Why I don’t make resolutions.

I know I’m a bit late to the game here, we’re already into the second week of January (how did that happen???), but bear with me here.

I used to make resolutions. Big long lists of them. Usually ones about diets, or ‘how to be less fat’, more exercise, drinking more water, eating better, doing more meaningful things. Generally ways I could, and should be a better version of me.

Inevitably I would break those resolutions, one by one, and feel guilty and generally terrible about the fact that I had, again, failed.

As the family got together on the eve of 2015, as we do every year, I didn’t make any resolutions. Not because I’d had any great epiphany about them but because I’d forgotten. My mum loved grandmother had been rushed into hospital on Christmas Eve after aspirating a piece of Salmon, she’d been discharged on Christmas Day but she was still critical. I didn’t have the head space to think about how I was going to better myself through the following year. She passed away in early January and I grafted through the year dealing with the loss, graduating from University and getting married.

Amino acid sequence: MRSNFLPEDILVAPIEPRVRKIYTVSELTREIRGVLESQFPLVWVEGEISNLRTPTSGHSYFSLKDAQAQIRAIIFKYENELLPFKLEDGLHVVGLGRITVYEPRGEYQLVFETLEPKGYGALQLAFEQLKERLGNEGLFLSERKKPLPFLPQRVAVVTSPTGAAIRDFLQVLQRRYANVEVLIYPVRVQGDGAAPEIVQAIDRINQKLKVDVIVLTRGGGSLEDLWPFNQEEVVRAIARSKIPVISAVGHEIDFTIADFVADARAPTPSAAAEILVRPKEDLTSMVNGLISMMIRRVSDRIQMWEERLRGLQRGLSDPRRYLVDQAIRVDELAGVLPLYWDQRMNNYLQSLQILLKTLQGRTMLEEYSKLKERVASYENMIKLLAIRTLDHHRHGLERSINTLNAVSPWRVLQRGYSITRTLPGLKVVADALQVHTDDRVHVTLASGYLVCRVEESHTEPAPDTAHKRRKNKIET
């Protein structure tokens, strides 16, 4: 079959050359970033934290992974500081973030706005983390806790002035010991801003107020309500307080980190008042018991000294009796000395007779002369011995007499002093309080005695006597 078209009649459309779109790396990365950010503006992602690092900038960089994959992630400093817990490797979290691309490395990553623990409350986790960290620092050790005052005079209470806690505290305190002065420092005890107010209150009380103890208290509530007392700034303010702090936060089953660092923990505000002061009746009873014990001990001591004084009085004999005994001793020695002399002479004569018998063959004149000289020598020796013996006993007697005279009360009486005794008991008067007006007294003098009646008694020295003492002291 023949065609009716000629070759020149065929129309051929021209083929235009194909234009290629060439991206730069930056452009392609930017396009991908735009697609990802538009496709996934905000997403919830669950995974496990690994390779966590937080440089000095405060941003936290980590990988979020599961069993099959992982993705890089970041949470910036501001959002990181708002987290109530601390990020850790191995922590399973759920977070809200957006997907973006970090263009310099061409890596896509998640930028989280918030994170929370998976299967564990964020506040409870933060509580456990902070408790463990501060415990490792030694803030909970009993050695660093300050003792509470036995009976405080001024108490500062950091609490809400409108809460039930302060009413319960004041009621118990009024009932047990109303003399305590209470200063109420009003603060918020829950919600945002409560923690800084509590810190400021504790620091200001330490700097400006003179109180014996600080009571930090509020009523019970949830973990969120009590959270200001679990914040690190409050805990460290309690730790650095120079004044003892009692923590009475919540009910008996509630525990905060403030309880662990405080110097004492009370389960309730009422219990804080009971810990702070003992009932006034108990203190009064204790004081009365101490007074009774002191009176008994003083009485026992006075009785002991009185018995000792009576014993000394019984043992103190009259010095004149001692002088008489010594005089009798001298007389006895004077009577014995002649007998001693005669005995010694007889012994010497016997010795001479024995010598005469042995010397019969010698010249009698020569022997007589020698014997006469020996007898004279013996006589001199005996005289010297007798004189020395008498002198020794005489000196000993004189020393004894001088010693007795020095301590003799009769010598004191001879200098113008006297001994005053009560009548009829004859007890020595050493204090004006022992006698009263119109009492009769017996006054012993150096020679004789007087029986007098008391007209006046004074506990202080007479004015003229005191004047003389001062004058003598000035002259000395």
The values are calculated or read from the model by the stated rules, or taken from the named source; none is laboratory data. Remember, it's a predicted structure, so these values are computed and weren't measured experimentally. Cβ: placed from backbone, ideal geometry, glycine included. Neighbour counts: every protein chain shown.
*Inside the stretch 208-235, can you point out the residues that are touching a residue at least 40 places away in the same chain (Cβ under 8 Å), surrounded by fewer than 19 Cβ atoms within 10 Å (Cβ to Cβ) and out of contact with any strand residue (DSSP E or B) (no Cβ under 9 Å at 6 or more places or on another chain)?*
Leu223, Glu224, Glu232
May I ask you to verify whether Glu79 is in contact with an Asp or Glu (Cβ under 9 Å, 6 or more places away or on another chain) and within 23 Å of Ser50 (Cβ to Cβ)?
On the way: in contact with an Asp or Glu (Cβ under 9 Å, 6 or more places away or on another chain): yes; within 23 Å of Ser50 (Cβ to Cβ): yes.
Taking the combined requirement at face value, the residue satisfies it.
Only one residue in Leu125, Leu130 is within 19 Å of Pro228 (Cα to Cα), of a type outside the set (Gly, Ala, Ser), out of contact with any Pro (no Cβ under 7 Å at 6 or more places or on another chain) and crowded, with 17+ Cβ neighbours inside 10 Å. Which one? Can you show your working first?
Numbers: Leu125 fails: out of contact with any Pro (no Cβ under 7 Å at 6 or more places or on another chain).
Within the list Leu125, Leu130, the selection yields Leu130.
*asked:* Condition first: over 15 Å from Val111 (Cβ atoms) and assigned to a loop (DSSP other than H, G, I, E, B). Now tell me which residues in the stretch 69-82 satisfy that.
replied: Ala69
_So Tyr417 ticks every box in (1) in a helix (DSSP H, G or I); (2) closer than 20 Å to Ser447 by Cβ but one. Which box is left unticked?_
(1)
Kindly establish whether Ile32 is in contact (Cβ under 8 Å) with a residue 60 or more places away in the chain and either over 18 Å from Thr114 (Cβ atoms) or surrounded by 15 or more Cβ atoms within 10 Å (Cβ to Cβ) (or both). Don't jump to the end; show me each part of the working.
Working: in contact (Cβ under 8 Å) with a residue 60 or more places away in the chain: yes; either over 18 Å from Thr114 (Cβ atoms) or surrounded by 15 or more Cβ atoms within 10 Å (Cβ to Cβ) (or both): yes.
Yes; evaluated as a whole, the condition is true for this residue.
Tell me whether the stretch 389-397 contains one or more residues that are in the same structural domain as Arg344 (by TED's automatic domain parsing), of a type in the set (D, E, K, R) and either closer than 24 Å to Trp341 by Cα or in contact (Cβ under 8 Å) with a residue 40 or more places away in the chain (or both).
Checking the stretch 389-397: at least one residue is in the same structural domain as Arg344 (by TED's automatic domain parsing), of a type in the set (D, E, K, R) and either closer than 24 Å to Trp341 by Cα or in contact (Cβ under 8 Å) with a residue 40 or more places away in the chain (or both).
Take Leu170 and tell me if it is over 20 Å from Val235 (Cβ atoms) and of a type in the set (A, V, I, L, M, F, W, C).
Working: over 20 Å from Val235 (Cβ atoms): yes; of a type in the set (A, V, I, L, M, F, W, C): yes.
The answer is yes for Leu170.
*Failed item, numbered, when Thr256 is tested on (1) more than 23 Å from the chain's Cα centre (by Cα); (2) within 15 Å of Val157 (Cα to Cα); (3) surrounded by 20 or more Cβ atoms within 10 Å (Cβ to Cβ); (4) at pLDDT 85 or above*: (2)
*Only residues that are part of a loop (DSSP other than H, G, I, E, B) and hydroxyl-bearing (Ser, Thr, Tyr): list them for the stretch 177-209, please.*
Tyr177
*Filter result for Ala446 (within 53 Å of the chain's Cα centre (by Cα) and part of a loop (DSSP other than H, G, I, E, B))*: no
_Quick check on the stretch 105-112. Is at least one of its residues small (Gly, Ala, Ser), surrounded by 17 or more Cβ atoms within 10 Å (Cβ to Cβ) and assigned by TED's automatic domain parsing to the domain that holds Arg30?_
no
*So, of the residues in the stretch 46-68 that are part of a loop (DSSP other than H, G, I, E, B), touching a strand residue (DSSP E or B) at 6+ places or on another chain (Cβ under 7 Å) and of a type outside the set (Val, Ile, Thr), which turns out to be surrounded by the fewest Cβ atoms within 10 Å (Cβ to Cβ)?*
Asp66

The family got together again, and together we welcomed in 2016. I didn’t think about making resolutions, we’d gone on holiday over Christmas – an attempt to distance ourselves from the events of the year before – and I’d developed a urine infection. I felt sick, achy and generally crap and all I wanted to do was eat lots and drink bubbly. As it turns out these were the first symptoms of my very surprise pregnancy, as I found out on the 2nd January. So any ideas that might have been lingering in the back of my head about weight loss went out the window. I started my new job, I worked hard, I finished and then I had my daughter.